Table of contents


Security headers are directives used by web applications to configure security defenses in web browsers. Based on these directives, browsers can make it harder to exploit client-side vulnerabilities such as Cross-Site Scripting or Clickjacking. Headers can also be used to configure the browser to only allow valid TLS communication and enforce valid certificates, or even enforce using a specific server certificate. Deep Security Help Center

As you can see from the definition above, the Security Headers play an important role in making the client interaction via the browser to your website more secure. Browsers can be used to exploit client-side vulnerabilities that result in hijacking a session, stealing information, tracking the user, and more.

By implementing the Security Headers you instruct the browser to have a stricter approach and a more secure communication with the server.

Most common Security Headers

Below you will find a list of the most common and important of the Security Headers directives. I will link them to MDN web docs where you can find a more in-depth explanation for all of them.

How to check Security Headers

  • Using your browser inspector

Open the Inspector, load your site, go to the Network tab, and click on the first request. In there on the Headers you should be able to see if you have any Security Headers set and what values they use.

Security Headers in browser inspector network
Security Headers in browser inspector network


  • Using an online tool

One tool that I use is Security Headers by Probely. It works really well and gives you a lot of details. All you have to do is add your domain and scan it, in a matter of seconds you will get a result and feedback on what can be improved.

Security Headers by Probely result
Security Headers by Probely result

Another one is Observatory by Mozilla.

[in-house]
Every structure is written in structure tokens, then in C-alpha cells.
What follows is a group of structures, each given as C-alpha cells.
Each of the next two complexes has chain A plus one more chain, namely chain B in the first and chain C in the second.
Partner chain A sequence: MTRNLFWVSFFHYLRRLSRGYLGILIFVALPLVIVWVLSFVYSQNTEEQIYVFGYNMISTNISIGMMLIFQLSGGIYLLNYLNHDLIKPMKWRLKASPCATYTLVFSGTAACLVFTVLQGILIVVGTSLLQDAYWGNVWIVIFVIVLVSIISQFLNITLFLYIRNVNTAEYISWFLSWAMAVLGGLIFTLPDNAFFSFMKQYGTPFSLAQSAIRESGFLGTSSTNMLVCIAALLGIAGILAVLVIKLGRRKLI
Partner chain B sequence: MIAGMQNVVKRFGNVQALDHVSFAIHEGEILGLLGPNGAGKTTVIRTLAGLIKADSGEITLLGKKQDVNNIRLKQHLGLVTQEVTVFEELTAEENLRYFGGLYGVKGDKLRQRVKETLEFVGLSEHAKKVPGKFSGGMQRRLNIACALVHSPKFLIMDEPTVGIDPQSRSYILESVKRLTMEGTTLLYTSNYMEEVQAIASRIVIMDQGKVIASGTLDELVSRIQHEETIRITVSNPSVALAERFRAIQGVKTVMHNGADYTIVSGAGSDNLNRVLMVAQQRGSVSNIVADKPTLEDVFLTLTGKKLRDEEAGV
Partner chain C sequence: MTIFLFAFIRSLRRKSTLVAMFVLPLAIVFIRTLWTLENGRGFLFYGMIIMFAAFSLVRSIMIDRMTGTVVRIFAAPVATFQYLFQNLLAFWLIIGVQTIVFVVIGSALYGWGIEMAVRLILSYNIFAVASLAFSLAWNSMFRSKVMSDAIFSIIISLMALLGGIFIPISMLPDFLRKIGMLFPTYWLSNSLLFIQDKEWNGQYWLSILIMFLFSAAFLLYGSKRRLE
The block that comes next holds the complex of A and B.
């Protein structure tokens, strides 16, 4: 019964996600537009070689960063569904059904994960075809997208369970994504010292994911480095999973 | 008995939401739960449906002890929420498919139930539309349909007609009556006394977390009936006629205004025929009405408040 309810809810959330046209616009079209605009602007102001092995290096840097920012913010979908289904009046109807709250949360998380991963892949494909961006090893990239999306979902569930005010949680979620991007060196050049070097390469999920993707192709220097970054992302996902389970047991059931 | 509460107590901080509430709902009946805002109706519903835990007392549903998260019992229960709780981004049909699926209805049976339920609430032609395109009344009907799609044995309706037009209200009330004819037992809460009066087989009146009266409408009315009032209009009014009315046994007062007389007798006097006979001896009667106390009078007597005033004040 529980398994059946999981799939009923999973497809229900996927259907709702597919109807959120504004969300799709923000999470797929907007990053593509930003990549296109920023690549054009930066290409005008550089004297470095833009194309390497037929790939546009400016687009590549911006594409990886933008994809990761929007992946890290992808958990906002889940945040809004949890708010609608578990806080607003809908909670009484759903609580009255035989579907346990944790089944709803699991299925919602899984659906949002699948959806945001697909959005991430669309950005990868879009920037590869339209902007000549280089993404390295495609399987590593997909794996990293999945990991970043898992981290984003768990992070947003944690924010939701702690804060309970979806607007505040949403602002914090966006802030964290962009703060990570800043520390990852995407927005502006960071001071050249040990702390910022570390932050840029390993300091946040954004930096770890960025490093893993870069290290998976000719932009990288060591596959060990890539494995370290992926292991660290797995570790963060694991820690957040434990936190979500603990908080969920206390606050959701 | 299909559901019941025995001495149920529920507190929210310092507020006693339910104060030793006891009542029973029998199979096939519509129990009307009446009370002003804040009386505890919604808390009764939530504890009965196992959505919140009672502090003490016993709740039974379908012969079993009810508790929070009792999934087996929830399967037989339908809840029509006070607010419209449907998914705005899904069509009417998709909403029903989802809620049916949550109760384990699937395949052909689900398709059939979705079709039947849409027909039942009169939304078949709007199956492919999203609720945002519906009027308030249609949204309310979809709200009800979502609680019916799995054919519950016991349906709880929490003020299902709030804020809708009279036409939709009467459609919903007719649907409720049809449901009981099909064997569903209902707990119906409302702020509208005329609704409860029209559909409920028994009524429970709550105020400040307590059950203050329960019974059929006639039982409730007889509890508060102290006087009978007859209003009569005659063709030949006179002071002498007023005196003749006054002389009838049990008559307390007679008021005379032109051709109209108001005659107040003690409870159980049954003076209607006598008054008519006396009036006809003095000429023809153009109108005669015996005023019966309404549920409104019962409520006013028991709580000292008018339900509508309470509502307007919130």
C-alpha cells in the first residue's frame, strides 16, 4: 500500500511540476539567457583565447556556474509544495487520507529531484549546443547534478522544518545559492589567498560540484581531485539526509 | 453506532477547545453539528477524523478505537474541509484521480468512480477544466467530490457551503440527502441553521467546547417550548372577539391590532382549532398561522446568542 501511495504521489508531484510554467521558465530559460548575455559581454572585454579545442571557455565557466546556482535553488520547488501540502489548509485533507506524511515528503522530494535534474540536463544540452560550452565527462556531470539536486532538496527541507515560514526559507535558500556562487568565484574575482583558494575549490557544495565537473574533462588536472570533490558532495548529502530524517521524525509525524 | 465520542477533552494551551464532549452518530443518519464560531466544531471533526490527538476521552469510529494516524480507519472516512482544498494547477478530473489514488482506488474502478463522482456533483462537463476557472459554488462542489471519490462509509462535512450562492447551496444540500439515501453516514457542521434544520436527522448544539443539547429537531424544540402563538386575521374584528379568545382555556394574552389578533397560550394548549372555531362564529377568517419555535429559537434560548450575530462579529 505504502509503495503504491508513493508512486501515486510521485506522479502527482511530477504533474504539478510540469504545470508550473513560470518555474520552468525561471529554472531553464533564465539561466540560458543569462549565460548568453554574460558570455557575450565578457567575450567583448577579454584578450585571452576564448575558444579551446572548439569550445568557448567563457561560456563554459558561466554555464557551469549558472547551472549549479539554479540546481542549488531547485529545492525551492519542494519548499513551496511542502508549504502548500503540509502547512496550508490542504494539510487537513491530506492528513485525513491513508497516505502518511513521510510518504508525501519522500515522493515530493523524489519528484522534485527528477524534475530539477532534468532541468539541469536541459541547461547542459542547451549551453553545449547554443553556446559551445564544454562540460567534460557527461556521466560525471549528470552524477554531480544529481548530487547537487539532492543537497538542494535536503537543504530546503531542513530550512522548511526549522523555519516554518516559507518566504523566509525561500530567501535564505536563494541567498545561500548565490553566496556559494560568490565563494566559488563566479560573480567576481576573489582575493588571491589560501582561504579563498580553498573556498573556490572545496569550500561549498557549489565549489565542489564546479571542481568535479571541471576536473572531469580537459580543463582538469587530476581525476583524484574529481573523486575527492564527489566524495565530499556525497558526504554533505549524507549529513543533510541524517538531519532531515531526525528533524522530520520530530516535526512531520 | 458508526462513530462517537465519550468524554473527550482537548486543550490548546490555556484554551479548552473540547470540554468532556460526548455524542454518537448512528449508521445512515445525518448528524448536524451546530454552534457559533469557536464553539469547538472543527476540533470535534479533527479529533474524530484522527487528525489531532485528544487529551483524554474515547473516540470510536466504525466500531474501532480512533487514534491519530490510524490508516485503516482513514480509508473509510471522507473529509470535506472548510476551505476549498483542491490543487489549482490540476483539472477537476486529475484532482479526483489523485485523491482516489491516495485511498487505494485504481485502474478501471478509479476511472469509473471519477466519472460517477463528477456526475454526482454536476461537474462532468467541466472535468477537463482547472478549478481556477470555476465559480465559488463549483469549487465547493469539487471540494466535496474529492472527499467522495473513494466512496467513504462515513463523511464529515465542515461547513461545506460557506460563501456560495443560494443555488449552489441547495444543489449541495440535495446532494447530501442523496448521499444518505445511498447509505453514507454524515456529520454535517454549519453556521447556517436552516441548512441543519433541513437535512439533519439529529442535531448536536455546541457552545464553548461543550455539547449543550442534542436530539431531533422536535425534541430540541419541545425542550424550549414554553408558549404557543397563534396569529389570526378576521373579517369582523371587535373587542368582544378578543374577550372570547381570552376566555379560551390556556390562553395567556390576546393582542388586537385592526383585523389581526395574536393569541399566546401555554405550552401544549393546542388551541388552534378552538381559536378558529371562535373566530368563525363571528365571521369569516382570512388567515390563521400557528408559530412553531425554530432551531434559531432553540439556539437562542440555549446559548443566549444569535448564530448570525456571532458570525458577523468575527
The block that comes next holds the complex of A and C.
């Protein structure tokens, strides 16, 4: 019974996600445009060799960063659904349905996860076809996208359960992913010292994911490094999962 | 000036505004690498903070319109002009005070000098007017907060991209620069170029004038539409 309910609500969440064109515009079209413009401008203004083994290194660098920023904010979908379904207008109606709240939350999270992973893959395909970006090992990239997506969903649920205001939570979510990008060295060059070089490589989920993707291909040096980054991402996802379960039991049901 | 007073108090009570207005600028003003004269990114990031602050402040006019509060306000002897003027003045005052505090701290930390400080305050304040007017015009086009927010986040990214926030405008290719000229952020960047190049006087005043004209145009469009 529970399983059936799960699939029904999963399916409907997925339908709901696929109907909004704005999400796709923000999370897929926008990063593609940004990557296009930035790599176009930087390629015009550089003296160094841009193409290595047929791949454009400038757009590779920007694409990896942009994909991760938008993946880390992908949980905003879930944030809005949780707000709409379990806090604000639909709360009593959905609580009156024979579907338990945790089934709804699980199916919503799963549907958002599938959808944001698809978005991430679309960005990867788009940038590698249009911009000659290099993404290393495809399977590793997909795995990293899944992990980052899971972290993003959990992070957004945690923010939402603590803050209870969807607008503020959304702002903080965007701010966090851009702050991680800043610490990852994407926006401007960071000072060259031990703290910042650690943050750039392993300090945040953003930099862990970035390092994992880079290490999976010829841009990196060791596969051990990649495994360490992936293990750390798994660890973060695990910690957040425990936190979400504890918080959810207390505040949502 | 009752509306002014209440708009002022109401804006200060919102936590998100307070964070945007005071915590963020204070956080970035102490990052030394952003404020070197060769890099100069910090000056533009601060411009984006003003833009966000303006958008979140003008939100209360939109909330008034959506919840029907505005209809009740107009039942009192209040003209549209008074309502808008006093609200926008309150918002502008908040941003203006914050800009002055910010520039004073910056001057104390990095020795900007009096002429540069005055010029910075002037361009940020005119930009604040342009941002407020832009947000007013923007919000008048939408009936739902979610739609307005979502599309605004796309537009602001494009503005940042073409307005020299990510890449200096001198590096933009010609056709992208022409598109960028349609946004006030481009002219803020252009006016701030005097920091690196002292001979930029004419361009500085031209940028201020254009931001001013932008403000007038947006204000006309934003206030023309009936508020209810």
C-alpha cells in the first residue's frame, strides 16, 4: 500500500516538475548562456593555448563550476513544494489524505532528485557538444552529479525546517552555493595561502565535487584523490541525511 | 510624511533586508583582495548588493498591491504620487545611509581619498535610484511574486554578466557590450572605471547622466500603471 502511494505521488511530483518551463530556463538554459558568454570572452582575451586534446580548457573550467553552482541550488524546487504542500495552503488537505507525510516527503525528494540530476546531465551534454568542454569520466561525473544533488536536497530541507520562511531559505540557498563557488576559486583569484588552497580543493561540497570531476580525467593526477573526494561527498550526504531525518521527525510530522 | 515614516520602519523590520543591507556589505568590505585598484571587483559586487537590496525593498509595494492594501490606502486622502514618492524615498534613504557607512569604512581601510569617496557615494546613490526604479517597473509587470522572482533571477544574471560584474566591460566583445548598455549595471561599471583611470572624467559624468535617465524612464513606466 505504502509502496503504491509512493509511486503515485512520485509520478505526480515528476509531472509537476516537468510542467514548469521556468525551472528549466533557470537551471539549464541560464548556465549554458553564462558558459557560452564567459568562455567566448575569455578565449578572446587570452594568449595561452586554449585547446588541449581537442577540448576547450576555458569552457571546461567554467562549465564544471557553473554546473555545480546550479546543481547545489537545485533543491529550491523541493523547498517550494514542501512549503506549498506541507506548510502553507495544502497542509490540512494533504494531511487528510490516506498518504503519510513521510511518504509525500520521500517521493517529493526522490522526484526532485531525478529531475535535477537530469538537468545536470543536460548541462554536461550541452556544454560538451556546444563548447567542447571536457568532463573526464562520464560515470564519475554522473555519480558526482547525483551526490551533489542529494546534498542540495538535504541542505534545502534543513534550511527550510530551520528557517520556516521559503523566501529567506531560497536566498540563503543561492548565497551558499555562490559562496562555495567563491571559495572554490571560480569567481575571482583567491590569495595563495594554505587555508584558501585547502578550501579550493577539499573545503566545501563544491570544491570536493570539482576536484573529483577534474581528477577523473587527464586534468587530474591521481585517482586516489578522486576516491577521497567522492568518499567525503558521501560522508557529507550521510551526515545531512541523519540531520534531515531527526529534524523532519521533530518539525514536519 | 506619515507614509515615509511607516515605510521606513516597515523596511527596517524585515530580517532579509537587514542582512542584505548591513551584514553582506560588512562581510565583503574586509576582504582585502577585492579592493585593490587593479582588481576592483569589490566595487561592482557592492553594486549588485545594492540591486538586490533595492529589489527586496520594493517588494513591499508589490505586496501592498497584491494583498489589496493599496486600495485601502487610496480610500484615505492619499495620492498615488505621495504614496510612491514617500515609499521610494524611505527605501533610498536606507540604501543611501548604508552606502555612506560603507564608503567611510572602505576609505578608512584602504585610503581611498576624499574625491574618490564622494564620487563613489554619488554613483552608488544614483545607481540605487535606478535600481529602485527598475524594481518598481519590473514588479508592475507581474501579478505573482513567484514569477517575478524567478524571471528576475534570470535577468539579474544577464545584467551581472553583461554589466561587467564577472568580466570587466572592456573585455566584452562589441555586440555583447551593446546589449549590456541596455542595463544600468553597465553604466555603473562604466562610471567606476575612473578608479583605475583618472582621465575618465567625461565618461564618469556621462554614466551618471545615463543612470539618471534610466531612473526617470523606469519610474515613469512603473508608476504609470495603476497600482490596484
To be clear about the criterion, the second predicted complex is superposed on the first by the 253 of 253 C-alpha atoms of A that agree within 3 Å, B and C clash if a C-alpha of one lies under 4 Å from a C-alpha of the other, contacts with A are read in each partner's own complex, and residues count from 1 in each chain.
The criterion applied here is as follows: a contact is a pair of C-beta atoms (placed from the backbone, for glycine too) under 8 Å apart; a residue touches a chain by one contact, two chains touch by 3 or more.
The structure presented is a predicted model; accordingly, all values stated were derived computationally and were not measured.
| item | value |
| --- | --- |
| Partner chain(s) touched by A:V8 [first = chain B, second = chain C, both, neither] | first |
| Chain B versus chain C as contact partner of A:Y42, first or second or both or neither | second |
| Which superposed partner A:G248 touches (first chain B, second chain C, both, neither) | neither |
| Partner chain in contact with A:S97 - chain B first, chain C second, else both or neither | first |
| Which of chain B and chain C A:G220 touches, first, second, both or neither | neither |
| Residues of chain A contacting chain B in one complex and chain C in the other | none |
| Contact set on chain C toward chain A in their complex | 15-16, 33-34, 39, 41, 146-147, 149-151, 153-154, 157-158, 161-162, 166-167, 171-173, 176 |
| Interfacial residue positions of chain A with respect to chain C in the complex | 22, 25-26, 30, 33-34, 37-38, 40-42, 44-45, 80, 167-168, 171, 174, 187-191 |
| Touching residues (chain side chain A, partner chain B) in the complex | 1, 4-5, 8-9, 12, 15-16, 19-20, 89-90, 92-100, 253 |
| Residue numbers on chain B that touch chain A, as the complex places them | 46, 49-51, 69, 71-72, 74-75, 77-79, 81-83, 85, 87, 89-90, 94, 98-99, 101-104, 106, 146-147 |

How to add Security Headers

The Security Headers that you’ll find below will give an A+ score when testing your site.
Note: these settings might not be right for you. Make sure you understand what each Security Header does and decide on your own the correct value. 

One such example is Content-Security-Policy, which might require a stricter approach in some cases compared to my suggestion below.


If you’re using Apache, go into your .htaccess file and add the following code.

This will cover all the Security Headers mentioned above. Feel free to change them based on your needs (for example Content-Security-Policy).

<IfModule mod_headers.c>
  Header always set X-Content-Type-Options "nosniff"
  Header set X-Frame-Options "SAMEORIGIN"
  Header set Strict-Transport-Security "max-age=31536000; includeSubDomains; preload" env=HTTPS
  Header set Content-Security-Policy "upgrade-insecure-requests"
  Header set Cross-Origin-Resource-Policy "same-site"
  Header set Cross-Origin-Embedder-Policy "unsafe-none"
  Header set Cross-Origin-Opener-Policy "same-origin"
  Header set Permissions-Policy "camera=(), geolocation=(), interest-cohort=(), microphone=()"
  Header set X-XSS-Protection "1; mode=block"
  Header set Referrer-Policy "no-referrer-when-downgrade"

You’ll need to restart Apache after this change is done.

sudo service httpd restart

Note: you can also add the header values in the httpd.conf file located here /etc/httpd/conf/httpd.conf.


On Nginx, you will need to find the .conf file that is used, most likely nginx.conf, and add the following code.

server {
   listen 80;

   add_header X-Content-Type-Options nosniff
   add_header X-Frame-Options SAMEORIGIN
   add_header Strict-Transport-Security "max-age=31536000; includeSubDomains; preload" env=HTTPS
   add_header Content-Security-Policy "upgrade-insecure-requests"
   add_header Cross-Origin-Resource-Policy "same-site"
   add_header Cross-Origin-Embedder-Policy "unsafe-none"
   add_header Cross-Origin-Opener-Policy "same-origin"
   add_header Permissions-Policy "camera=(), geolocation=(), interest-cohort=(), microphone=()"
   add_header X-DNS-Prefetch-Control "on"
   add_header X-XSS-Protection "1; mode=block"
   add_header Referrer-Policy "no-referrer-when-downgrade"

Make sure to restart Nginx after you save the file

Security Headers on WordPress

There are a few plugins that will allow you to set the HTTP Security Headers in WordPress without too much trouble.

One of them is HTTP Headers, it has a pretty simple interface from where you can select the Headers you want to enable and what values to assign to those directives. This plugin will edit the .htaccess file and update it with the correct values.

You can also use the methods from above if you’re a little more technical and don’t want to have an extra plugin on the site.


Security Headers (HTTP) is a simple way to improve your site security and it doesn’t require changing the application itself (in most cases at least). I see no reason why you shouldn’t take your time and implement them.

Make sure you use the most recent headers because you will notice that some are deprecated or not recommended anymore (if you follow the links from MDN). This will require you to scan the site from time to time, just to see if anything changed and some HTTP headers might need to be updated.